A Most Critical Two Weeks?

Anyone who read the post from a couple of weeks ago ‘Out of the Chaos — A Manuscript’ might be wondering, in the style of a minor cliffhanger, what was the verdict on the 174,000 words that I believed I’d pieced together in a somewhat desperate and incoherent dash to meet my reader’s deadline.

The verdict has now been delivered and, to my surprise, it appears I’ve been overdoing the  mental self-flagellation. I received a report on the manuscript, followed up with a face-to-face meeting, that was, overall, very encouraging.

In fact, it was my professional reader’s opinion that with about two weeks of solid work I could craft the whole novel into a shape that would be of a standard to send out to agents – which is fantastic. This ought to certainly silence my inner-critic — the one that must have been responsible for the post dwelling on the manuscript’s shortcomings.

Of course, those two weeks are full-time writing work. This doesn’t include my current day-job, nor the hours sitting on a train I use to travel to it (as I’m doing now) – or family or social life. But, then again, I suppose it’s only seven solid weekends.

Before going into a little more detail I should reveal (now she’s said fairly nice things about it) that it was Emma Sweeney, who ploughed through the huge Word file and reported her findings.

Emma taught us at the very end of the City University Certificate in Novel Writing when Emily had left a few weeks before the end of term on maternity leave.

(As an aside, the Certificate in Novel Writing has now been revised and relaunched as ‘The Novel Studio’ with its first incarnation in this form starting in the autumn — Emily, who’s now Course Director is taking applications now and I know she’s made changes partly based on feedback from alumni so promises to be a great experience. Emma Sweeney is part of the teaching team on the new course.)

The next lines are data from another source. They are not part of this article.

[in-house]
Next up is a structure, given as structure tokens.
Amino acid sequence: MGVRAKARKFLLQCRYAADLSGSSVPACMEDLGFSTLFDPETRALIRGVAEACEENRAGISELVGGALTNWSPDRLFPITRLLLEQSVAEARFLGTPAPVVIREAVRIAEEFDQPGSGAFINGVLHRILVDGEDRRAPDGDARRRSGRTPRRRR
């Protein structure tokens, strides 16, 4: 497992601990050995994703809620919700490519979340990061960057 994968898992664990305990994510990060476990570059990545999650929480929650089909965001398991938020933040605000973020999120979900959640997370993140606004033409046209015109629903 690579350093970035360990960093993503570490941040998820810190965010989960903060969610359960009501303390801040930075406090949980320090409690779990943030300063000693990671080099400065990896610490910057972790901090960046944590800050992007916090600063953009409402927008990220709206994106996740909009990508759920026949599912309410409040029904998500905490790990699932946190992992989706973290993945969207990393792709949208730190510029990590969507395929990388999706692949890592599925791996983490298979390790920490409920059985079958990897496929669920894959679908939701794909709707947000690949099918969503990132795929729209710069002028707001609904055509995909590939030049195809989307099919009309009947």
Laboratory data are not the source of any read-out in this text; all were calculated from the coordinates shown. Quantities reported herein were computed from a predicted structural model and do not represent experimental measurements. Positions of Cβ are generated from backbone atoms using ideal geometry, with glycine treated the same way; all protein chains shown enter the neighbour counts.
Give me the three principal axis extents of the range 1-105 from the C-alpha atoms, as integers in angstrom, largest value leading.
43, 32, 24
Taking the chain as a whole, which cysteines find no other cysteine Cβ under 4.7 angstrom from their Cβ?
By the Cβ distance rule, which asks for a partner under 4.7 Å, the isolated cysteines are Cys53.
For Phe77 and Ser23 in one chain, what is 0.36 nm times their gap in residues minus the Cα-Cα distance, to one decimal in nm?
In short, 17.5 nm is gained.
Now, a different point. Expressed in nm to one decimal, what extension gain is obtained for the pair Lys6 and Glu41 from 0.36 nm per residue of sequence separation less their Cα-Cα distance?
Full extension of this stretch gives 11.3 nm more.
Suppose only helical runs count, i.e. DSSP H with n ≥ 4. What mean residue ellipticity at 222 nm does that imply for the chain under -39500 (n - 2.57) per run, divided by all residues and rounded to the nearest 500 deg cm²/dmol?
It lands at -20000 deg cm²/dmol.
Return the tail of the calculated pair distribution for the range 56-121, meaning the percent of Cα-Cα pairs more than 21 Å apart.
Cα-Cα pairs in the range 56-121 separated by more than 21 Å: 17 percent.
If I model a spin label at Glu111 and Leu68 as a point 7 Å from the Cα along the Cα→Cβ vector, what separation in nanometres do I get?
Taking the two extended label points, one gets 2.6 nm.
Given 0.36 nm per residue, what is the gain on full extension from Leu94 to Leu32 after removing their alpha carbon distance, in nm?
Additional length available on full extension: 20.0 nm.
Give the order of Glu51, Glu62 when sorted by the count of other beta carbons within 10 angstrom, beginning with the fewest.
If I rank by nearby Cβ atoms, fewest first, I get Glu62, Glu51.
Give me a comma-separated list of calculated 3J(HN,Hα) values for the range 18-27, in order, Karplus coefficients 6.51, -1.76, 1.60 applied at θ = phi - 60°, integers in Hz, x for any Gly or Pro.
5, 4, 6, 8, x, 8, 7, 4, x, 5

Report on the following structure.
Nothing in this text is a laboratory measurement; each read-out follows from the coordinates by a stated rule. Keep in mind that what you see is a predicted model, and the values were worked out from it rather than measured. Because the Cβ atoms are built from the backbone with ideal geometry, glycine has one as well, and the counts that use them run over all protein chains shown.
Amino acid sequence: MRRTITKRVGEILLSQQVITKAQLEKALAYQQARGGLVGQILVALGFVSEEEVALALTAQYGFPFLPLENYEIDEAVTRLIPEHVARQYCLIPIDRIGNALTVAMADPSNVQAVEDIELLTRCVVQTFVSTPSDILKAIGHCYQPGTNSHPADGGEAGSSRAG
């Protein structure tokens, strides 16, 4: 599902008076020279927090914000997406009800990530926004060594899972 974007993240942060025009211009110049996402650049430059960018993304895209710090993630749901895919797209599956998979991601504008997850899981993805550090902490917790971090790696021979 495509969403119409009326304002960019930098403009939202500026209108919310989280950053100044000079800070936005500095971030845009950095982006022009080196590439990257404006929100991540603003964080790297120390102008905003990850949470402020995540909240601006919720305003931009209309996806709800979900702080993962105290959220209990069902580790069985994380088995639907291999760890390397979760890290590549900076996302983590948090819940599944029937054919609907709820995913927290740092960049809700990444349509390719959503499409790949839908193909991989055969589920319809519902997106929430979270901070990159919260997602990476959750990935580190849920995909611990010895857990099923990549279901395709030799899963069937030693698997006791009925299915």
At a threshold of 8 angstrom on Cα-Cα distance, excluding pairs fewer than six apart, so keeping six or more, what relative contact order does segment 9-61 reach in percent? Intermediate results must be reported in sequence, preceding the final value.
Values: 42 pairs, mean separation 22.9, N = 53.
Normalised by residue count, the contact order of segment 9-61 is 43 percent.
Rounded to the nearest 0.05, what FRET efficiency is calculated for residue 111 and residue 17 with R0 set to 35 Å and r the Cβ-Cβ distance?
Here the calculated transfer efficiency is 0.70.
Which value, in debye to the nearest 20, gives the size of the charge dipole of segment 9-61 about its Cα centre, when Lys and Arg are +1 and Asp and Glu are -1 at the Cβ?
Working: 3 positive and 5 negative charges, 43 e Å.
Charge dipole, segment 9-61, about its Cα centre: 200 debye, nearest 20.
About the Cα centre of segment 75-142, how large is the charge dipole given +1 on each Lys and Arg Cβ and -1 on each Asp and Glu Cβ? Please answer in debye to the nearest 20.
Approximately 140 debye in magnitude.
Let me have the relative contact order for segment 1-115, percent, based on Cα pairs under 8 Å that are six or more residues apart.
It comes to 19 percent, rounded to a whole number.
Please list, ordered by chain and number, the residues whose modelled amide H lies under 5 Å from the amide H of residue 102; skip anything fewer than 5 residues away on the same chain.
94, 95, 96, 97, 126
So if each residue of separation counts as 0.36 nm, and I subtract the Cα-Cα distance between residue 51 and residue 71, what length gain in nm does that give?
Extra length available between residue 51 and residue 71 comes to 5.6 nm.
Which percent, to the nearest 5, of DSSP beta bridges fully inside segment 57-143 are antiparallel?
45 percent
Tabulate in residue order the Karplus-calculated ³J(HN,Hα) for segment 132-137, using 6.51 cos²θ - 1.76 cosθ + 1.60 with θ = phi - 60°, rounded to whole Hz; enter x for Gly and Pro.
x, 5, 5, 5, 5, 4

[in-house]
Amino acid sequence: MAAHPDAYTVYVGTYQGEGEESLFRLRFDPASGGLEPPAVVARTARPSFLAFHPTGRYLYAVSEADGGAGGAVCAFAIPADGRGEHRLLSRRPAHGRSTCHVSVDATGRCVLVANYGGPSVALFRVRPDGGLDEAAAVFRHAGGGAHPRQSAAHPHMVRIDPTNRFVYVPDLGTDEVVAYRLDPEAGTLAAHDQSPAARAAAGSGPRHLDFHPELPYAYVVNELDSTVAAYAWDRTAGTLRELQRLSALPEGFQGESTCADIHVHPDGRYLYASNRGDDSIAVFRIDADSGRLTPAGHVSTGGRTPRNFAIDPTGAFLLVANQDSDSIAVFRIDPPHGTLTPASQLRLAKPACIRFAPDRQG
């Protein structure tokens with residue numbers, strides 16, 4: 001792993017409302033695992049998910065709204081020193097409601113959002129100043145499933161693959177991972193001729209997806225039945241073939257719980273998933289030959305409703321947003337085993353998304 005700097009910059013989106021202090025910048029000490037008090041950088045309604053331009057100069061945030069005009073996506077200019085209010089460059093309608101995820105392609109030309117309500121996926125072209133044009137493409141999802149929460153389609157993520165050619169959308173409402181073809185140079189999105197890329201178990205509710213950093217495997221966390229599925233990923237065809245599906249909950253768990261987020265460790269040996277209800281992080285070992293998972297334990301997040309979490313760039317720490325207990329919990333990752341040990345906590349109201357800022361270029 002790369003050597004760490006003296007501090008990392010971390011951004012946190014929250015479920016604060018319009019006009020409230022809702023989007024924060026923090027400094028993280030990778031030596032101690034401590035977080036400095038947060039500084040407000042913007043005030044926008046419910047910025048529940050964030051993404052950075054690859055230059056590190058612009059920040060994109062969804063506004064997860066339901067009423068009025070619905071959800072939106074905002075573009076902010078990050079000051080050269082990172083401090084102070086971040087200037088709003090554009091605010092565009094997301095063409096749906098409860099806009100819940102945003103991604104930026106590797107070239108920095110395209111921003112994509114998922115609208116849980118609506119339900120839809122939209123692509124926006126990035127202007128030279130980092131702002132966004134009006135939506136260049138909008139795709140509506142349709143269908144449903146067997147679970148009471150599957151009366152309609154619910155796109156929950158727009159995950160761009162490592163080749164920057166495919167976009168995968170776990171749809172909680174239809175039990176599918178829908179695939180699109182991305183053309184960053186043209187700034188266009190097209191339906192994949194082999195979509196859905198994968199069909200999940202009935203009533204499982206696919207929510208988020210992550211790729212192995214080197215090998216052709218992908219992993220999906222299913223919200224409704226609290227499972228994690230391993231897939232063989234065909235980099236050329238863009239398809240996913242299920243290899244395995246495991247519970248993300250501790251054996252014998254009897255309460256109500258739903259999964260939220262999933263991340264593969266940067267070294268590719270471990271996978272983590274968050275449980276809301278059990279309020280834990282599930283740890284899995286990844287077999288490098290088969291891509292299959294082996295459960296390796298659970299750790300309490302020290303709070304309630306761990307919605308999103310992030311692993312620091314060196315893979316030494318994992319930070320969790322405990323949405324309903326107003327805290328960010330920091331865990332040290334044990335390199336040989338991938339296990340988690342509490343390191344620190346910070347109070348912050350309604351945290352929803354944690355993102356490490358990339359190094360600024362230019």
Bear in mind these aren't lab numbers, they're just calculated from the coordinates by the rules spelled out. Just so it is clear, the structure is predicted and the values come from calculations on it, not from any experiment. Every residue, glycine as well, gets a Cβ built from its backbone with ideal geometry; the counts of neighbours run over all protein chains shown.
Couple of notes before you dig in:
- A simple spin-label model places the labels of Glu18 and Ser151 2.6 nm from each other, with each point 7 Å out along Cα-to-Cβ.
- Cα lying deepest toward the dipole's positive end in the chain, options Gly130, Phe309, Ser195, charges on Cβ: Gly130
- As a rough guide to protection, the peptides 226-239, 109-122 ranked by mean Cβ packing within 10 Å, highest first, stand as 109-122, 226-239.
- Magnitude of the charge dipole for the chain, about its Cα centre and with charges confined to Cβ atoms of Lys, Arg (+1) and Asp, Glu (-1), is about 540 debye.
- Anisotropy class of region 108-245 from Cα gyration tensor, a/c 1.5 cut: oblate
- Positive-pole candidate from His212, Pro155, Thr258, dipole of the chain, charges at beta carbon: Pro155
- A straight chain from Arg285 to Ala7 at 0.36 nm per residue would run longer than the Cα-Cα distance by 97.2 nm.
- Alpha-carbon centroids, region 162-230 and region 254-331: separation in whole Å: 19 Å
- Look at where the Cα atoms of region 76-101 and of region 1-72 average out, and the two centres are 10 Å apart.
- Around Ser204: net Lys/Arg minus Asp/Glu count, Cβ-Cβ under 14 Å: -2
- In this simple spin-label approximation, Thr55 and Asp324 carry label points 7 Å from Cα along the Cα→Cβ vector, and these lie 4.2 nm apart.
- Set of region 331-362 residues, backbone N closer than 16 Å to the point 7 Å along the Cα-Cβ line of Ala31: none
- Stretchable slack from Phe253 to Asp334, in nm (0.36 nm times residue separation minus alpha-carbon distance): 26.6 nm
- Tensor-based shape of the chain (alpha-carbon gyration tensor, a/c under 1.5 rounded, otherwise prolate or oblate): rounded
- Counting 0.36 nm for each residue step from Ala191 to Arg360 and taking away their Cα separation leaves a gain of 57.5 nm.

Emma also works individually with writers (see link to Emma’s blog). I know a couple of course-mates from City University have used her services as a mentor since the end of the course — Bren Gosling has mentioned this in his blog (see link on sidebar) and his first novel, ‘Sweeping Up The Village’, was recently short-listed for a literary award, the Harry Bowling Prize.

Emma’s blog also mentions that she performs manuscript appraisals.  For me, an unavoidable side-effect of having workshopped the novel in and out of various courses over the past two years meant that most people I knew who might cast an eye over the coalescing manuscript (course-mates, tutors and other very helpful readers) would already have more knowledge of it than they might ever have wanted — and would remember the history of its development.

What I needed was someone to read it with a fresh eye — which Emma was able to do but also with some prior knowledge of my writing (see Onwards and Upwards).

So, after a few delays and postponements, I finally sent Emma the novel as it stood, with all its imperfections. She turned it round very quickly — in just over 6 working days — which is impressive for a manuscript of that length.

Moreover, it was clear, both from her report and from our subsequent discussion, that Emma had read the novel carefully — which isn’t always the case with creative writing classes and tutors. Of course, this reading was a professional arrangement, which has a not insignificant cost to the writer, although this isn’t surprising if one considers the time taken to attentively reading that many pages. It’s very unusual to get more than 5,000 words read at one time by a tutor, even on advertised novel-writing courses.

As mentioned, I was amazed that Emma thought the manuscript itself was in much better shape than my doom-laden forewarnings had suggested. While some of the material was  hastily cut and pasted as rough drafts were re-arranged and intercut and sections that had heretofore only existed in my head were written down in skeletal, first-draft form, the combined whole was adequate (in conjunction with the more polished bulk of the novel) to give a decent account of the plot and characters at least.